The Office of the Auditor-General has released its findings on how well public organisations support integrity when buying goods and services in an emergency.
In a statement, the Office said it examined the emergency procurement practices of six public organisations subject to the Government Procurement Rules (the Rules).
“We also surveyed all public organisations required to use the Rules about emergency procurements carried out between June 2018 and July 2022.”
“We found examples of good practice, with public officials responding to emergencies in challenging settings. But we also identified several areas where improvements are needed to increase transparency and to support trust and confidence in procurement decisions.”
In particular, record-keeping, conflicts of interest management, and reporting need to improve to meet the standards required when public organisations spend public money, the Office said.
“It is important that New Zealanders get the best possible outcomes from public money spent on procurement. Poor procurement practices are often the subject of comment by our Office and can result in waste and poor value for money. In turn, this can erode trust and confidence in the public sector and government.”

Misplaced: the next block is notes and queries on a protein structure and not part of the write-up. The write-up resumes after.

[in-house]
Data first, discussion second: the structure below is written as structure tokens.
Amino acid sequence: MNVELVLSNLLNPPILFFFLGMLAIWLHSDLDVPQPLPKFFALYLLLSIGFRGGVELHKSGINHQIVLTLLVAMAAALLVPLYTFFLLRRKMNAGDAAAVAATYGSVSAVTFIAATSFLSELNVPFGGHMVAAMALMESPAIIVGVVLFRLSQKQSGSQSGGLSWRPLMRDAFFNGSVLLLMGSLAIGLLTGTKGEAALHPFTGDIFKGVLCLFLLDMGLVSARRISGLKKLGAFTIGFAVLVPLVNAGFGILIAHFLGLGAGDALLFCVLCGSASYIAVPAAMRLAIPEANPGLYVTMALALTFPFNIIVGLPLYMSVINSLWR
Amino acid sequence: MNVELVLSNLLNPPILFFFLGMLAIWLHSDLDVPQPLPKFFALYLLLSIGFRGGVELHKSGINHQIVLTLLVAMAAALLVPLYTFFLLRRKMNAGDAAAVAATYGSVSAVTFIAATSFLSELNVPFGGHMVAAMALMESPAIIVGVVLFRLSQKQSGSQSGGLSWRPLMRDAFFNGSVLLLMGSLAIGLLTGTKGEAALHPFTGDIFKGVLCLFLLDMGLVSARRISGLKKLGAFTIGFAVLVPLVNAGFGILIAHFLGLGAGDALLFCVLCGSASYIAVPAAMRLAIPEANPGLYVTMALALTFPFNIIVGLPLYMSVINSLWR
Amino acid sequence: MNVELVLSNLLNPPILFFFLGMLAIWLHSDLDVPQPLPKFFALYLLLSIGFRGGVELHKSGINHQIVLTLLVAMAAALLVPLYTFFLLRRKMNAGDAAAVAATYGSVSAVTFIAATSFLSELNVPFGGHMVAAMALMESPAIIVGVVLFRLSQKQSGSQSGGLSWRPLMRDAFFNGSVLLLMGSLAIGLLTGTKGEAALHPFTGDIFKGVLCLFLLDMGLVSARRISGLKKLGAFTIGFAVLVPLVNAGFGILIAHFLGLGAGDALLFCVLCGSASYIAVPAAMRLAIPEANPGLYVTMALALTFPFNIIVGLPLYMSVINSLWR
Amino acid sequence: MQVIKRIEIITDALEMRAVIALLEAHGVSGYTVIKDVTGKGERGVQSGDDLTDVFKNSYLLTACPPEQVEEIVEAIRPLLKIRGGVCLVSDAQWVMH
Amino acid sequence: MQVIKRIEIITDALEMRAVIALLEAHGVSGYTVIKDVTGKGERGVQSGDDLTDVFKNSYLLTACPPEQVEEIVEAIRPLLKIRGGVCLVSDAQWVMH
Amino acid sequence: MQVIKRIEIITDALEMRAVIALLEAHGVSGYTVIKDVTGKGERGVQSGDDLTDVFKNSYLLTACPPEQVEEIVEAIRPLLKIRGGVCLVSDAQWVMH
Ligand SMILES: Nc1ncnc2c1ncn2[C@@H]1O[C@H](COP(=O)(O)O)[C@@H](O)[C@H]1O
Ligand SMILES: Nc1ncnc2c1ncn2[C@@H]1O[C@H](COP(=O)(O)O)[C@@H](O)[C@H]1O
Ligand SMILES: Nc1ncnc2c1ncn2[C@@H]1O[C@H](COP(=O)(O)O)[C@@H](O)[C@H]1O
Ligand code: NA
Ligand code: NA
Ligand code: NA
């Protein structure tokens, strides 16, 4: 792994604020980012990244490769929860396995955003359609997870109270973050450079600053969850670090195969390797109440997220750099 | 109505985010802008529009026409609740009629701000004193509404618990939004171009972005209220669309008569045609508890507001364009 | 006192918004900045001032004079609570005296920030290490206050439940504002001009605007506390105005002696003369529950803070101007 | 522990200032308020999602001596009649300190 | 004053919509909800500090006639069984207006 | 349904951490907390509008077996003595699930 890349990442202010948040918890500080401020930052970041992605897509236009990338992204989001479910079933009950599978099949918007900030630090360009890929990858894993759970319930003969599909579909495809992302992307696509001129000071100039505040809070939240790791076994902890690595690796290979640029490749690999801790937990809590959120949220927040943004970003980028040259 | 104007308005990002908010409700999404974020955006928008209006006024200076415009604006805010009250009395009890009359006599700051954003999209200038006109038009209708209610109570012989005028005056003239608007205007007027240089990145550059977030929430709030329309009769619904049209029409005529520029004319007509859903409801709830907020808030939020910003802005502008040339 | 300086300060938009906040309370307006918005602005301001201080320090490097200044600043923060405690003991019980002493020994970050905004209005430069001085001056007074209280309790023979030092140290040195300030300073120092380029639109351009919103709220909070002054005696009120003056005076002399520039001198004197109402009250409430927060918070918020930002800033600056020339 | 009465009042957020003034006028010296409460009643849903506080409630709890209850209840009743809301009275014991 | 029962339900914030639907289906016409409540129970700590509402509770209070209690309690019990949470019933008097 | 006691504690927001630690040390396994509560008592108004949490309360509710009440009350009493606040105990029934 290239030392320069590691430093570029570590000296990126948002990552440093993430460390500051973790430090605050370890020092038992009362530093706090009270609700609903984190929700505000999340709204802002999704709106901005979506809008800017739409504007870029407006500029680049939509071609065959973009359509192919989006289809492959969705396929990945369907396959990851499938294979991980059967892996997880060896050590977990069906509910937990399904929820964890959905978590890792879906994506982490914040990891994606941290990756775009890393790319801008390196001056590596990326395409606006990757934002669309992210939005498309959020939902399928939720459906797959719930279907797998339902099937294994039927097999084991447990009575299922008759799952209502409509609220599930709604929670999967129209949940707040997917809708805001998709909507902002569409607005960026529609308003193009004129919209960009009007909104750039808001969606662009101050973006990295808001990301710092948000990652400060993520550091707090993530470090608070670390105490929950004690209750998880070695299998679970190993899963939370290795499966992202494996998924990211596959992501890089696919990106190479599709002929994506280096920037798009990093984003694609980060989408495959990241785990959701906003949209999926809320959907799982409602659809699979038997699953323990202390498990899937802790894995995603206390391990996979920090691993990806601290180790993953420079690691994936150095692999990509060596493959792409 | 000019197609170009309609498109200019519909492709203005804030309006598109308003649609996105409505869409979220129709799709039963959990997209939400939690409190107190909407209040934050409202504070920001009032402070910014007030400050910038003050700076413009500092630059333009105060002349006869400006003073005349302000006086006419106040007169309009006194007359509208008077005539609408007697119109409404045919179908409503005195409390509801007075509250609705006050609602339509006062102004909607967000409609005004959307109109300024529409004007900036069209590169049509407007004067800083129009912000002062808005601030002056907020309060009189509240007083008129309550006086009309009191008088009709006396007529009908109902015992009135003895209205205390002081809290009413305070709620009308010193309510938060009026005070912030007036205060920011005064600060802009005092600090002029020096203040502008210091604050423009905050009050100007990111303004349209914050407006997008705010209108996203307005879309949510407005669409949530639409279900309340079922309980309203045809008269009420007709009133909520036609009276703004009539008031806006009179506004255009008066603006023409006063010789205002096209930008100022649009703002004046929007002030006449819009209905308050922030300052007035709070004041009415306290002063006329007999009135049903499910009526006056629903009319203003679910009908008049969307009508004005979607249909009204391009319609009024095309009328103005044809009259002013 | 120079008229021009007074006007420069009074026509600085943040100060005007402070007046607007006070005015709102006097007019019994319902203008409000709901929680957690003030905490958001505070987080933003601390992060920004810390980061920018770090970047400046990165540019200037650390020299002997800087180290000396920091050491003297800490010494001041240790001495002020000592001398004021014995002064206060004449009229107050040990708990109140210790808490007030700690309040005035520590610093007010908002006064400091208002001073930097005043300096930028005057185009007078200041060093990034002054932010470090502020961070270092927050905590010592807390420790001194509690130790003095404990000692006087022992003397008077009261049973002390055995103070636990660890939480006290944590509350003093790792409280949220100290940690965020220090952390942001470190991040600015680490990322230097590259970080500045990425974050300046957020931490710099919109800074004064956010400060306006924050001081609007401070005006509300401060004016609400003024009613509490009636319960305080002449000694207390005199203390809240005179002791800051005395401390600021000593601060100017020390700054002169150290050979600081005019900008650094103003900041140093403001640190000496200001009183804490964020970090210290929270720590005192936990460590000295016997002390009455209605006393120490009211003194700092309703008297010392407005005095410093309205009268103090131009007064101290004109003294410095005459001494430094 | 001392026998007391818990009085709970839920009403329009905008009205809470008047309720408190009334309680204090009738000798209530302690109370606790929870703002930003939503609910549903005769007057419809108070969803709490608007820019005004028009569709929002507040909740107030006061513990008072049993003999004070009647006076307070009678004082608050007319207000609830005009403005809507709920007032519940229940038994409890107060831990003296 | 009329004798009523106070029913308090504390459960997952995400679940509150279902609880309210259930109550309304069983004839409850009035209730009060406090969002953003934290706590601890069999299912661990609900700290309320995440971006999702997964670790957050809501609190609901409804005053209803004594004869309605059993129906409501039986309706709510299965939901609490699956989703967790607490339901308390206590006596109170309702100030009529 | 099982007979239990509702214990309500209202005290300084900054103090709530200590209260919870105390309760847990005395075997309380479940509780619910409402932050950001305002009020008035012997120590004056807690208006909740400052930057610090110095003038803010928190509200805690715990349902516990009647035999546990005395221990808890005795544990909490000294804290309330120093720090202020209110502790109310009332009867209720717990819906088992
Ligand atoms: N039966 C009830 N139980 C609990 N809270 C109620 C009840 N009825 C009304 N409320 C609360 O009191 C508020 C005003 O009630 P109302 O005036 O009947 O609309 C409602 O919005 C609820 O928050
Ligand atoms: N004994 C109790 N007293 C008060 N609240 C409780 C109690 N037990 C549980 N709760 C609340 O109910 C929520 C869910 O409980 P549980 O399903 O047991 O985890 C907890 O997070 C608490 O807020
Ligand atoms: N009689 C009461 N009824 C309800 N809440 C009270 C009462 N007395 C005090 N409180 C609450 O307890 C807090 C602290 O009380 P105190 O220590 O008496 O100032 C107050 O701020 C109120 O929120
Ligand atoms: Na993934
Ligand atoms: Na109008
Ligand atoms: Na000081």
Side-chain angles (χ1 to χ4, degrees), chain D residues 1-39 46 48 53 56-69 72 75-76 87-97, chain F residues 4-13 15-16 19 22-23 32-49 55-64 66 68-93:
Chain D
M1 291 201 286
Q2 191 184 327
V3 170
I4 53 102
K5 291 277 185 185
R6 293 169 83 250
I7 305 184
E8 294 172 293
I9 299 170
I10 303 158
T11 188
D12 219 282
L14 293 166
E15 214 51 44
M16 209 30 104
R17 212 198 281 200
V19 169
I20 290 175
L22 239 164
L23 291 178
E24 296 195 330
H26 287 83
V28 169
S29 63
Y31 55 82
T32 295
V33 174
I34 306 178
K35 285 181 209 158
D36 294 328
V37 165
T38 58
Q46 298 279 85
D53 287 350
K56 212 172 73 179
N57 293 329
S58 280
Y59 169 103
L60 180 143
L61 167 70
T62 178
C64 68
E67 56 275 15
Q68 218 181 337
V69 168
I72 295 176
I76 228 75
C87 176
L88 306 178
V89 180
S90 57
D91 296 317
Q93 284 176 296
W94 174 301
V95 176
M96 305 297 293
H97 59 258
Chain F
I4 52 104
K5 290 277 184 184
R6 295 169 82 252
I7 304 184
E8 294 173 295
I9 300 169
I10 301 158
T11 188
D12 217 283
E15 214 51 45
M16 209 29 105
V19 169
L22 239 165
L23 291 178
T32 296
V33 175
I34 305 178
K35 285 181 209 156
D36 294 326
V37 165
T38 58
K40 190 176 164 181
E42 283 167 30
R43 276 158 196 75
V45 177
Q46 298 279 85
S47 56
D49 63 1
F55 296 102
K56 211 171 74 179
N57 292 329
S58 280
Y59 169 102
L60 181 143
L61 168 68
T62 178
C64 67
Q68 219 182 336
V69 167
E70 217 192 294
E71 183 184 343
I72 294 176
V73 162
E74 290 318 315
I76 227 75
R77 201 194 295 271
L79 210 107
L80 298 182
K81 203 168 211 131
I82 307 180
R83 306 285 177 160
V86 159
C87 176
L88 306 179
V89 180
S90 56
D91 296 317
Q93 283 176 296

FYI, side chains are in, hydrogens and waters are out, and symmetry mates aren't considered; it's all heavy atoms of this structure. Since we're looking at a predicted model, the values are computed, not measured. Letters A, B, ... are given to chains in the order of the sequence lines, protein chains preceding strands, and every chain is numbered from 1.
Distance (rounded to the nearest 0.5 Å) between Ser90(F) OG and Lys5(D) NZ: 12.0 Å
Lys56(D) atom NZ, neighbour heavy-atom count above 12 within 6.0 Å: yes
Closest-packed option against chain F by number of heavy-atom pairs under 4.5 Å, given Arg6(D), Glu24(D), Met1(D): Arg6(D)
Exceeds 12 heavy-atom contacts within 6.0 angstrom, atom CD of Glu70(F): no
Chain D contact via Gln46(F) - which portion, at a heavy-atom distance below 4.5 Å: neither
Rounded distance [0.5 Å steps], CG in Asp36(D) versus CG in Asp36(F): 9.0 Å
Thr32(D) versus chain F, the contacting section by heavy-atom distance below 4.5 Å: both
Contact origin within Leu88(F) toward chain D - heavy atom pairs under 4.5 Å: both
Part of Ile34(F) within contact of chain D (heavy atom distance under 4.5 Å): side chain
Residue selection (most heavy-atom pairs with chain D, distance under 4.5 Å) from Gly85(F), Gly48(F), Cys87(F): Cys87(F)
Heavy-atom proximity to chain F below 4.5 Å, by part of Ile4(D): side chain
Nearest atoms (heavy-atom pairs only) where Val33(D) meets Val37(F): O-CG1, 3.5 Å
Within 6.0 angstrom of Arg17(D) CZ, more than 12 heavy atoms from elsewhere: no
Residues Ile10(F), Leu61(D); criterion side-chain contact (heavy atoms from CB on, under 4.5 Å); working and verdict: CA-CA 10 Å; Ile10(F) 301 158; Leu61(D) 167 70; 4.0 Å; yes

“A range of goods and services were purchased quickly by public organisations during the past three years, particularly in response to Covid-19. Purchasing goods and services at speed can create integrity risks.”
The Office said senior public sector leaders had important roles in ensuring improvements are made.
“Our integrity framework can support leaders in promoting a culture of integrity in their organisations.”
“Future emergencies are inevitable. Public organisations need to focus more on procurement when planning for emergencies.
“We recommend actions that all public organisations can take to ensure that emergency procurements are conducted with greater integrity, transparency, and accountability.”
Read the 8-page report Getting it right: Supporting integrity in emergency procurement here.